However, the Community Service project does not intend to create intentional communities, such as the Vale, but neighborhoods that fit in Yellow Springs, Quinn said. “Residents will be fully integrated with the town and we hope the town with the neighborhood,” she said.

Community Service’s next steps

Community Service began working on the Agraria project last summer, when the organization considered purchasing a 22-acre parcel of land called Birch III from Antioch, Murphy said. However, Birch III, which is located within the village limits on the south end of town, is now selling for a price that makes it prohibitive for Community Service to buy, Murphy said.

Over the next two to three months, Community Service will further develop its plans for Agraria, Murphy said, including developing a budget for Agraria and possible finance mechanisms. He has no estimates on what it would cost to build a house in Agraria. He is also researching possible builders for a project.

In addition, Community Service could start looking at land to purchase in three months, he said. “If eight acres or 20 acres became available at the right price we could do that,” Murphy said.

Community Service will likely purchase land and design the project and hand the responsibility of building Agraria over to a builder, Murphy said.

Zoning ‘makes this possible’

The timing of Community Service’s Agraria project could not be better. Not only is Yellow Springs in the midst of a debate over residential and business growth, but Village Council is poised to put on the books a new zoning district that Murphy described as perfect for Agraria.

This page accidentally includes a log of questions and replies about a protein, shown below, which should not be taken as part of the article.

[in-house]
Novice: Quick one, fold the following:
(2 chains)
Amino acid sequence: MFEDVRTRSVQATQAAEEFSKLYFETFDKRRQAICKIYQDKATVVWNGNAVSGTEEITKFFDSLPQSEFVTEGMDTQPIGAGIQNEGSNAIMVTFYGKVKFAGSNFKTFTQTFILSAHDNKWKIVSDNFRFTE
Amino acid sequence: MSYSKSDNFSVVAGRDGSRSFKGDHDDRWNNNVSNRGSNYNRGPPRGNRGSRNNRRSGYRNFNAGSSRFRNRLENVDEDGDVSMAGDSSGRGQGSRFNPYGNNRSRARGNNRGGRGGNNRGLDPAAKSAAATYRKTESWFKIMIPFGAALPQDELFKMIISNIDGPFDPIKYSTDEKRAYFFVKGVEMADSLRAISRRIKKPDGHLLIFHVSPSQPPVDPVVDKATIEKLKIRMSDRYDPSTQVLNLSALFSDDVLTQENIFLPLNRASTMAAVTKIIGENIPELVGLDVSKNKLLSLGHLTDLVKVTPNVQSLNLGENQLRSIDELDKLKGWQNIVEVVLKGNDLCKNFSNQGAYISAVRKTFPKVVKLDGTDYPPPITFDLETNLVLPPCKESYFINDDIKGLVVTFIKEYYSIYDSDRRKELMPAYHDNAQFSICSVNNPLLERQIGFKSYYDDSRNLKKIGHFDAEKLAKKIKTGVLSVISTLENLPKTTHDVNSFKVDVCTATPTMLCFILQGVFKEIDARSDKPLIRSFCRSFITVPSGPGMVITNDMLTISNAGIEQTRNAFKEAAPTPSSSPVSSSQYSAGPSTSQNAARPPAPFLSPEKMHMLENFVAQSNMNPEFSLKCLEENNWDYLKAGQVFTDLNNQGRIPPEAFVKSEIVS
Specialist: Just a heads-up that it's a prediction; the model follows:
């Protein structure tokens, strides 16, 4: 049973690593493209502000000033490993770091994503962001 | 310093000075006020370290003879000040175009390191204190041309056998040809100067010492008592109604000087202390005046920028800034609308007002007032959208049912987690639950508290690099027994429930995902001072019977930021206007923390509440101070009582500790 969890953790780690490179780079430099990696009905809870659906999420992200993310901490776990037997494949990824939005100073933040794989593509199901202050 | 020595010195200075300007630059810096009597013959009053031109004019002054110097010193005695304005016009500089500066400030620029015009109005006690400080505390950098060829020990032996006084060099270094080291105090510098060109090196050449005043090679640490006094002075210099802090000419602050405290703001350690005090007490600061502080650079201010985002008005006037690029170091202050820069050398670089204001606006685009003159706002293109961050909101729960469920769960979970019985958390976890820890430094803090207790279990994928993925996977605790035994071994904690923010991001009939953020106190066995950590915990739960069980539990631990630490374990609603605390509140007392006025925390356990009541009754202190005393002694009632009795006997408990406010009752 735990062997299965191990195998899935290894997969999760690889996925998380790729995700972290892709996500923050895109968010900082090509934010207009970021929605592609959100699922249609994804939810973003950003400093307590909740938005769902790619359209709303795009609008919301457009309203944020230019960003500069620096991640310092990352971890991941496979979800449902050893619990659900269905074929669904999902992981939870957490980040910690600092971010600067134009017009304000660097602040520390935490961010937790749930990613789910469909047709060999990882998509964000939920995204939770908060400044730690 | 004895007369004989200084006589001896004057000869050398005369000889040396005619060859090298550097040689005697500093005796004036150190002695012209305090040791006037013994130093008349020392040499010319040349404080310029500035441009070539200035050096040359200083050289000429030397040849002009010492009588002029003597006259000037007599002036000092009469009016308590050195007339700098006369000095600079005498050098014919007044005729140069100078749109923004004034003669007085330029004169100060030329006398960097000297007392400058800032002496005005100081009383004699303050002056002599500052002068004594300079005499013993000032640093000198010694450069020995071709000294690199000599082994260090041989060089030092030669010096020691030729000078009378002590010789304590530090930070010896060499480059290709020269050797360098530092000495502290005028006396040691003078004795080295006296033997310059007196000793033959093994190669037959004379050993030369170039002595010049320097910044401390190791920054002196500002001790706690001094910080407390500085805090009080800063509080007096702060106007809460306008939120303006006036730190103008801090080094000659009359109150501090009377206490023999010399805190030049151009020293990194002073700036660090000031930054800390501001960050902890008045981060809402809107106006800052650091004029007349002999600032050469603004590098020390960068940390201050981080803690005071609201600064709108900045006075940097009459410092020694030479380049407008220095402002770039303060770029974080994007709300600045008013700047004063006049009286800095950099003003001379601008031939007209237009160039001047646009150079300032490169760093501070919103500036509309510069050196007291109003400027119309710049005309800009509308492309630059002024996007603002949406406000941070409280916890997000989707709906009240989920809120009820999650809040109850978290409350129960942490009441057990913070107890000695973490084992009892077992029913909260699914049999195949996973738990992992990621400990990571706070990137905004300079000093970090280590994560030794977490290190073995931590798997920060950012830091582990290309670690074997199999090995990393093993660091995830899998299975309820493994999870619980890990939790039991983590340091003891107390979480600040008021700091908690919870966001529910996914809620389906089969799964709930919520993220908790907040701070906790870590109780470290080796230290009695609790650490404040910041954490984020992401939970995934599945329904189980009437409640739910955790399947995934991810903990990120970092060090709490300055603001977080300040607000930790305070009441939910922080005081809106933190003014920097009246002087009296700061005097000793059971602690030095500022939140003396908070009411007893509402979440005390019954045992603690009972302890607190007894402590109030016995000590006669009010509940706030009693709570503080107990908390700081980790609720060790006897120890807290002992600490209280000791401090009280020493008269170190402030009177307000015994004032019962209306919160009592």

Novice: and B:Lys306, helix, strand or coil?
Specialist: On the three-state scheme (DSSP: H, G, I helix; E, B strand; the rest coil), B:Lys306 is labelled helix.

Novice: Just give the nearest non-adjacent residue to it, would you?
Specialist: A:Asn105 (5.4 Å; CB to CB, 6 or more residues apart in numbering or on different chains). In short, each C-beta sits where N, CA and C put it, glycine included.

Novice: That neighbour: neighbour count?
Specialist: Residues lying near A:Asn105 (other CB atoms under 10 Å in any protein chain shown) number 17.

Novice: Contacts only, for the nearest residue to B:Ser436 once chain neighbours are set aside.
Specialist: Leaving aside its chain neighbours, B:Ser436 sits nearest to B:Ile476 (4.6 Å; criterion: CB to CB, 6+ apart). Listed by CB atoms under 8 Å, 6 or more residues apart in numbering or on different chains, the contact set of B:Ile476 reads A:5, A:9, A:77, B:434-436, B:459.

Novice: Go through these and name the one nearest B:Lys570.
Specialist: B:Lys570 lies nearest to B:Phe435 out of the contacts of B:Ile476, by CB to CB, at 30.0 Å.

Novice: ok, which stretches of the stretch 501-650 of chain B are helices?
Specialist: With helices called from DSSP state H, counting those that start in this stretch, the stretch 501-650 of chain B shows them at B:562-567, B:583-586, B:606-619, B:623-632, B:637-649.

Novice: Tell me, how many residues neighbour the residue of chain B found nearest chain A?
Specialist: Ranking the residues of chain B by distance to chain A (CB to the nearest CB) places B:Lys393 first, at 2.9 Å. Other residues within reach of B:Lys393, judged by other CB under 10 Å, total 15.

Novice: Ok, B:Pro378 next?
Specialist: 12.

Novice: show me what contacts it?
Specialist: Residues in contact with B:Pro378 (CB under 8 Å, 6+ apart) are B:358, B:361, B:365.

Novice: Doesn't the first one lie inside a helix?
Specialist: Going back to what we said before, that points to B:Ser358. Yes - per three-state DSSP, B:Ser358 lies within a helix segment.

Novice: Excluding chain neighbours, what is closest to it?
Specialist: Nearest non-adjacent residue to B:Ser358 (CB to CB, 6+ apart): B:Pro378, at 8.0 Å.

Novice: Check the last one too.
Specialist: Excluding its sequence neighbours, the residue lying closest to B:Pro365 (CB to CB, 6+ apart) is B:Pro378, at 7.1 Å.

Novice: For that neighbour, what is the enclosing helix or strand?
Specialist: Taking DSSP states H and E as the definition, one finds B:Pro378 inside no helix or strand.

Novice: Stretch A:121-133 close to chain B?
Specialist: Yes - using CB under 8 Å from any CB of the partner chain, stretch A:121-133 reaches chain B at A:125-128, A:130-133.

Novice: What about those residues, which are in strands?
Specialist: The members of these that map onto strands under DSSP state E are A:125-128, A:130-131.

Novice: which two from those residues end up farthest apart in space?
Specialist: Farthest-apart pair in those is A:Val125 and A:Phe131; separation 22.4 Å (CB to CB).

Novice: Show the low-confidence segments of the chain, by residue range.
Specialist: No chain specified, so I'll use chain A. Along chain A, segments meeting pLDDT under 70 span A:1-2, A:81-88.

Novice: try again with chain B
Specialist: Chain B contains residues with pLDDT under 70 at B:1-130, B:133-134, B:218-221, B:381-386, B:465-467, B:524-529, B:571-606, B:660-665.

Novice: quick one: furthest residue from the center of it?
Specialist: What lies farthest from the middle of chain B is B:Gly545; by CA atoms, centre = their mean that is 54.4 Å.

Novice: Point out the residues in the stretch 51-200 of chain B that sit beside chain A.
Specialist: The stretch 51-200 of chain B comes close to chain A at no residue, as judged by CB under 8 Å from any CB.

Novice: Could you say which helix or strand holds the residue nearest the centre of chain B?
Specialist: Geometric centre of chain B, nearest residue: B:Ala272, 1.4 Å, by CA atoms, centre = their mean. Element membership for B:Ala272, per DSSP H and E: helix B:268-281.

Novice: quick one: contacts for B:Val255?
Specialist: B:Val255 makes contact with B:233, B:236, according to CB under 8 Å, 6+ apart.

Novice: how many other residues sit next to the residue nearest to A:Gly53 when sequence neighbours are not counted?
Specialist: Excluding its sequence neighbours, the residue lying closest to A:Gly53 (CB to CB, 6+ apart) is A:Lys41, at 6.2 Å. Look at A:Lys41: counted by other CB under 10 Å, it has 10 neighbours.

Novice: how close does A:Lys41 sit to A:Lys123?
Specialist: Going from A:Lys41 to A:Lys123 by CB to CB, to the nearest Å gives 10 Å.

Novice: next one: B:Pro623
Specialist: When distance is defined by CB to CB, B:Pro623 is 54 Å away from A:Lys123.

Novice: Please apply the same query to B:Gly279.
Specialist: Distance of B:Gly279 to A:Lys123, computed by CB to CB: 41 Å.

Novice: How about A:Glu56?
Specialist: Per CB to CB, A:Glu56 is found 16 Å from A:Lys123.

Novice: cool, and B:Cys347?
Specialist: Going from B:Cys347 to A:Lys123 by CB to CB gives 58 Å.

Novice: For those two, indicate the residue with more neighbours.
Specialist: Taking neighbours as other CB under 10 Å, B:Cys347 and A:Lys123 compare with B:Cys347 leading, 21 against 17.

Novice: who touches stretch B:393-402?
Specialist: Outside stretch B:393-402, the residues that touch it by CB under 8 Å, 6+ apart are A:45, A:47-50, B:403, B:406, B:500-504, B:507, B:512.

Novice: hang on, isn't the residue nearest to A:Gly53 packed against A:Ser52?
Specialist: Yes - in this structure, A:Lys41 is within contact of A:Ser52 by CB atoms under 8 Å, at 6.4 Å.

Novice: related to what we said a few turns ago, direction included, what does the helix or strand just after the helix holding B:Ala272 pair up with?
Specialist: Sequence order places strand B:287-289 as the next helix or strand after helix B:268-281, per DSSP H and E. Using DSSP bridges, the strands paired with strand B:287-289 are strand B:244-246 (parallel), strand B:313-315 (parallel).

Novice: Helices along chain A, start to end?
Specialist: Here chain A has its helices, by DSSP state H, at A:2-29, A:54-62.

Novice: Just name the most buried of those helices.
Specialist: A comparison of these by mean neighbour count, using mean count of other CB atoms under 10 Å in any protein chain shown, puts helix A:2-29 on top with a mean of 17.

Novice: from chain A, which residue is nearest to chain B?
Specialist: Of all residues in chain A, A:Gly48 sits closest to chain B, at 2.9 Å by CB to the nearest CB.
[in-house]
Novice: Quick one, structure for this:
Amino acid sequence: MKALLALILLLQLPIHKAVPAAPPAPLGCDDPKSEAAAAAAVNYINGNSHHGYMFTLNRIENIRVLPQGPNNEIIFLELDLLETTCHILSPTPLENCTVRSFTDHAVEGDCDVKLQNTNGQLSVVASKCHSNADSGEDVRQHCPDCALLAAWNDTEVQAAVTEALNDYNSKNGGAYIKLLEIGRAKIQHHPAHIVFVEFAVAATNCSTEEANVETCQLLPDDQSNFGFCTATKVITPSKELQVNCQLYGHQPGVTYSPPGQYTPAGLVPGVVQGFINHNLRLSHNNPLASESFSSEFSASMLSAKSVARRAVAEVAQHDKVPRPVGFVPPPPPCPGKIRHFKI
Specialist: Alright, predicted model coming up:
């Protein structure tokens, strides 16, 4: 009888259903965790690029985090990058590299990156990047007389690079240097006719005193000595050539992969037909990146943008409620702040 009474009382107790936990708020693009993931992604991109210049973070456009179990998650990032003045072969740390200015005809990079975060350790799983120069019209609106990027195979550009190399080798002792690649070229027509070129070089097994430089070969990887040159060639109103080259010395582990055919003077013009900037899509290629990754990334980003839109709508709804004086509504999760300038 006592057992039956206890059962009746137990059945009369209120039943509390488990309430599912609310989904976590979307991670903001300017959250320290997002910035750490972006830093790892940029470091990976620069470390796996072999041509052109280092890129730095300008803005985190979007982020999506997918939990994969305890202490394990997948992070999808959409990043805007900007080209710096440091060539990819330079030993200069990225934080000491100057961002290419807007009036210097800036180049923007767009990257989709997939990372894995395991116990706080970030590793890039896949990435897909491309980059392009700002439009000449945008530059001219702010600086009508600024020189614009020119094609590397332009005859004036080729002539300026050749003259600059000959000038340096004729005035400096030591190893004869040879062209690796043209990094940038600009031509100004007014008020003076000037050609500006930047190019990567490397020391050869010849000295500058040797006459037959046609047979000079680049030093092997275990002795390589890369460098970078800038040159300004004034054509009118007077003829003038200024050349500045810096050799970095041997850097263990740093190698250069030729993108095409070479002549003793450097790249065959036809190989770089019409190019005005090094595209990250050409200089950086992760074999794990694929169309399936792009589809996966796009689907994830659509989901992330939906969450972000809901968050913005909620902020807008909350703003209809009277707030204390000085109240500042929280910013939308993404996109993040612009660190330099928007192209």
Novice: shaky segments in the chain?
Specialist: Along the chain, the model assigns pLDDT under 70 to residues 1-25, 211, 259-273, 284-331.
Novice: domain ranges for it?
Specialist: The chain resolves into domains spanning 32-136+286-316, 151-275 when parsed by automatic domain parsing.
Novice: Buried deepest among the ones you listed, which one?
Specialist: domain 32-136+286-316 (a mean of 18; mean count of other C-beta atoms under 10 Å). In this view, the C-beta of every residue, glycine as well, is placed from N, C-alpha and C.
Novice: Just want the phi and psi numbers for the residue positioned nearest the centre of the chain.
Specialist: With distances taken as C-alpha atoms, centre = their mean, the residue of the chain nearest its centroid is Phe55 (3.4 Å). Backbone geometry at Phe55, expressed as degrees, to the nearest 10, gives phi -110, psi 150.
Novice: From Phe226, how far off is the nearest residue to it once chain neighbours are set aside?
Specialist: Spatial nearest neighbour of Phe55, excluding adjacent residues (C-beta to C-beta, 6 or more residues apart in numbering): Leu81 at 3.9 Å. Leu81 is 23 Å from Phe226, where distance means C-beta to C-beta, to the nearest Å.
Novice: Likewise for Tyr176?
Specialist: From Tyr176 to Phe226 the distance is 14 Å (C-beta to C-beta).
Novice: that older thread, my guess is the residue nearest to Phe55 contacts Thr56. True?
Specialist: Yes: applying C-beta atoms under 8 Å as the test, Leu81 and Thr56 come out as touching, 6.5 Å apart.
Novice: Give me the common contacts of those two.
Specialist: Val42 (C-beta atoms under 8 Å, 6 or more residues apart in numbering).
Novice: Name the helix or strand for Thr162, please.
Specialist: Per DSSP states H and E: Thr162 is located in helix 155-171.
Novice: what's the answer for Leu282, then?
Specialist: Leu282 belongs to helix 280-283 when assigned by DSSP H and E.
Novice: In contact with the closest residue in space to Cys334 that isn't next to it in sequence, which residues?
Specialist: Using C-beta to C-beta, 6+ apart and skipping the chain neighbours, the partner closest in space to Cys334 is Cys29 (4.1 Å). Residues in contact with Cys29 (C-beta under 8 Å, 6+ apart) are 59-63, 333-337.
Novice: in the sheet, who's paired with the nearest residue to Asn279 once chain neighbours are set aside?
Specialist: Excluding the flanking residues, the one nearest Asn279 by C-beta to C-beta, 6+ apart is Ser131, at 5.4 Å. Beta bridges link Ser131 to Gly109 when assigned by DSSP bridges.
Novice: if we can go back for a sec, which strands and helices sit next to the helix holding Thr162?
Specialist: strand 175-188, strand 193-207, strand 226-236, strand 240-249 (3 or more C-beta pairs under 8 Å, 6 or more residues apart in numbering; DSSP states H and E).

Murphy said that typical municipal zoning restrictions generally would stand in the way of the Agraria model, but, he said, a proposal to revise the Village’s Planned Unit Development zoning district “makes this possible.”

The PUD standards would allow for a combination of residential and business uses to be built on the same property. The proposed regulations also allow the Village to negotiate zoning standards, providing flexibility for creatively designing a development. Village administrators and public officials have cited clustered housing as a prime example of the type of development suitable for the proposed PUD districts.

The PUD proposal also requires developers to set aside a certain percentage of land for green space, though, Murphy said, Agraria would go beyond those standards, setting aside 75 percent of a development for open space.

When he read a draft of the PUD proposal, Murphy said, he thought “this is a tremendous opportunity.” The new district “is meant to allow you to live, work and grow your food in your neighborhood,” he said.